Marcus Curator Backer Posts: 311 Registered: 10/16/2014
# 1 - Posted on 6/21/2016 5:05:39

Just came across an article today that I found interesting and wanted to share...

So, for those who haven't heard of it, G2A is a website which primarily sells Steam keys. However, unlike other third party markets (Humble Store, GreenManGaming, etc) it is effectively like eBay. Users sell their game keys on the G2A marketplace and the customer generally receives a game cheaper than its official Steam price because of it.

This site gets a ton of attention via streamers and stuff because of their (presumably) good affiliate rates. However, I have long since viewed the site with concern because it is one of those "too good to be true" things. For example, some games you can find at 80% discount or greater. It was even more common back before Steam added region locking to keys - look at the "RUS" game code pricing to see what was once attainable here in the US.

In any case, this article by tinyBuild showcases that they've been harmed thanks to this marketplace. They are not the only ones, but it is the most recent article on the topic. I'd urge against using G2A but I guess the consumers themselves are doing nothing wrong by ordering from it. I admit to having bought two very cheap games on it before but feel increasingly that it is best to stay far away from the site.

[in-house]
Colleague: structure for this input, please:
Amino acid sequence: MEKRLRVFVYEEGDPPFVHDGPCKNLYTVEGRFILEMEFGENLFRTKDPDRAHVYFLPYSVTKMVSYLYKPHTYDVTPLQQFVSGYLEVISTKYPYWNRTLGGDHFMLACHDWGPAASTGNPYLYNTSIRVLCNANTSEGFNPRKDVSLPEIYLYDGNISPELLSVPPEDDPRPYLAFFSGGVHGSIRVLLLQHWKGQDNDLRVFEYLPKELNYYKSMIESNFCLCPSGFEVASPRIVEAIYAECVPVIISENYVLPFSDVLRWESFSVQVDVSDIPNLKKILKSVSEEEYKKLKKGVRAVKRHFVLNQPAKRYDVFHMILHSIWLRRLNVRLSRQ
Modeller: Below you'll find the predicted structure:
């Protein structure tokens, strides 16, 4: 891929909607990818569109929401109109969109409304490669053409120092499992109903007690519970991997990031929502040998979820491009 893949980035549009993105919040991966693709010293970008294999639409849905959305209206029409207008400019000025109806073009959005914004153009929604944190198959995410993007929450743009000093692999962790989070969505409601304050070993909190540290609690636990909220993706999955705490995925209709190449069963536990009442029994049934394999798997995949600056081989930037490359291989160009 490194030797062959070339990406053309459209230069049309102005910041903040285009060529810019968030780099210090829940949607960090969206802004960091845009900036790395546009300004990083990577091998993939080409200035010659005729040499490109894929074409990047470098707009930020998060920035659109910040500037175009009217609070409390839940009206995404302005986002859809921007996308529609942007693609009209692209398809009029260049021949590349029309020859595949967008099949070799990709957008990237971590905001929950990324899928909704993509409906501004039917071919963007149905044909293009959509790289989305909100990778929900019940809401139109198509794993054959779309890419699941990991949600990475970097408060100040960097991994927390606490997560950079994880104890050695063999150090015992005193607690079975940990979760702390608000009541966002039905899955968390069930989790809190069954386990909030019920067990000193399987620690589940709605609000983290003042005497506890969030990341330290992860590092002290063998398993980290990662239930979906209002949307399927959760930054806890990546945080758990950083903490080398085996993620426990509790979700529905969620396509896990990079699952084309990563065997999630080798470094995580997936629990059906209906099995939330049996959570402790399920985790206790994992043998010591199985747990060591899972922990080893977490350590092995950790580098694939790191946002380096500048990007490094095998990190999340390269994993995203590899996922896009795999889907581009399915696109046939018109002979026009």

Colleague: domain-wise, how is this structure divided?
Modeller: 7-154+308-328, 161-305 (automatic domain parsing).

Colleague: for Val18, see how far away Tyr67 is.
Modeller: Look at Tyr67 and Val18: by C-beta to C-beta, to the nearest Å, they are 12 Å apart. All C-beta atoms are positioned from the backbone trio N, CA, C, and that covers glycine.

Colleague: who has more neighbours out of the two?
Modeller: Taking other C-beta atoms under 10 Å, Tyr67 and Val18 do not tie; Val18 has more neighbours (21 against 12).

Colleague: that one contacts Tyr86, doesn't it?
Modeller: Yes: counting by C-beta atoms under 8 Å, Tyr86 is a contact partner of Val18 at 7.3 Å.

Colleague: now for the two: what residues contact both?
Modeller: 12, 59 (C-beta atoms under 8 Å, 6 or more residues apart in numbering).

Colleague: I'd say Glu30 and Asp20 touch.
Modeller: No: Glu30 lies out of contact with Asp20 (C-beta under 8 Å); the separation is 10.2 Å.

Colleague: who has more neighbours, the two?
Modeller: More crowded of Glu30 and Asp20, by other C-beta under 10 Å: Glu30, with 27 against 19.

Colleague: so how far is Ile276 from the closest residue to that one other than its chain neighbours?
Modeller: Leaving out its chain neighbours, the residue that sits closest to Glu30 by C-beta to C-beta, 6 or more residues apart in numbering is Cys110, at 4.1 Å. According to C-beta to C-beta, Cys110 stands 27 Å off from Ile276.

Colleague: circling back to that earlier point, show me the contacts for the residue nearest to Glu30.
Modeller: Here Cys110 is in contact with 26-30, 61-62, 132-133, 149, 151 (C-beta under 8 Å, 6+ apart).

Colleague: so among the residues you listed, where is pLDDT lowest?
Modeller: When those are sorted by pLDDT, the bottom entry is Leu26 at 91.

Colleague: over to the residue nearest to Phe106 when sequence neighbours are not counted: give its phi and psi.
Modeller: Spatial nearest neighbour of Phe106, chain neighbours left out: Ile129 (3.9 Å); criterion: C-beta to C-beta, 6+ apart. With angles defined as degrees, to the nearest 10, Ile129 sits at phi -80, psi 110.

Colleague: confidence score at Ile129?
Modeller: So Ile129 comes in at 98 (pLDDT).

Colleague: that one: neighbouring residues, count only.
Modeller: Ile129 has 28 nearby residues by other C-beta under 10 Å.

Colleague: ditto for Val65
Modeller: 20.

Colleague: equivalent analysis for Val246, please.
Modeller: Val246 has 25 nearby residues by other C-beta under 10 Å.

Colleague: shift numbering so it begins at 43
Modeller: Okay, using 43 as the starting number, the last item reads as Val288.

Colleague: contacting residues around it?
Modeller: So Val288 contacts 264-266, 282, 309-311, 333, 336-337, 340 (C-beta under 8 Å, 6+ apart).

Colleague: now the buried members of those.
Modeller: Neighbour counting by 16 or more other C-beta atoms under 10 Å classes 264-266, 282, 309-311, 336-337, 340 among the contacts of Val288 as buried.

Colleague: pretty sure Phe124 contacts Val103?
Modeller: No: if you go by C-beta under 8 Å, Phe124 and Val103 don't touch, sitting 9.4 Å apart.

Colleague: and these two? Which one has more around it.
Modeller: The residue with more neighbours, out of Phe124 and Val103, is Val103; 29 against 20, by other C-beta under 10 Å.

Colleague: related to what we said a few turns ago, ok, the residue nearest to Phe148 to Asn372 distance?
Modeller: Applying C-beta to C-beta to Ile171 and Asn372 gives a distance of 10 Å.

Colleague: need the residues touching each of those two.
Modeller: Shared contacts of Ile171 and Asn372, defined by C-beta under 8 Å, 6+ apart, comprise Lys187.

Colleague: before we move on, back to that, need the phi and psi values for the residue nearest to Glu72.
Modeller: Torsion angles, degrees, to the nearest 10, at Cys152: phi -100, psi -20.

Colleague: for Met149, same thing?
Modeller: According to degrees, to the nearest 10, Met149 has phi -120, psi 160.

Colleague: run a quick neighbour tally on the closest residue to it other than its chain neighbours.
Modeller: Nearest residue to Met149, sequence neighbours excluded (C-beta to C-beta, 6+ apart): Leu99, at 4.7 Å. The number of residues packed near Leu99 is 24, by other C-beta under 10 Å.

dhobo Curator Backer Posts: 1812 Registered: 1/5/2015
# 2 - Posted on 6/21/2016 16:10:59

g2a is one of those places I refuse to use as a service out of principle. This is far from the first time I've heard of shady crap from their service and they don't do anything to try and curb this kind of behaviour, so they're just as guilty as the people doing the illegal selling in my mind.

Marcus Curator Backer Posts: 311 Registered: 10/16/2014
# 3 - Posted on 6/28/2016 17:16:24

G2A have responded to all this hubub by saying they'll now give 10% of royalties on marketplace sales to the developers. Of course, developers have to apply for this and 10% is tiny all things considered.

I have to wonder how hard it'll be for a developer to apply and actually be approved. After deciding to stop using them, I had to remove my G2A Shield subscription (that they actually flung on me without my consent to begin with) and that was one hell of a process. Not only can you only access the unsubscribe function in the last two days of the subscription, you also have to go through a million steps full of clicking tiny grey links at the bottom of pages. It is honestly the most consumer unfriendly thing I've seen in a while.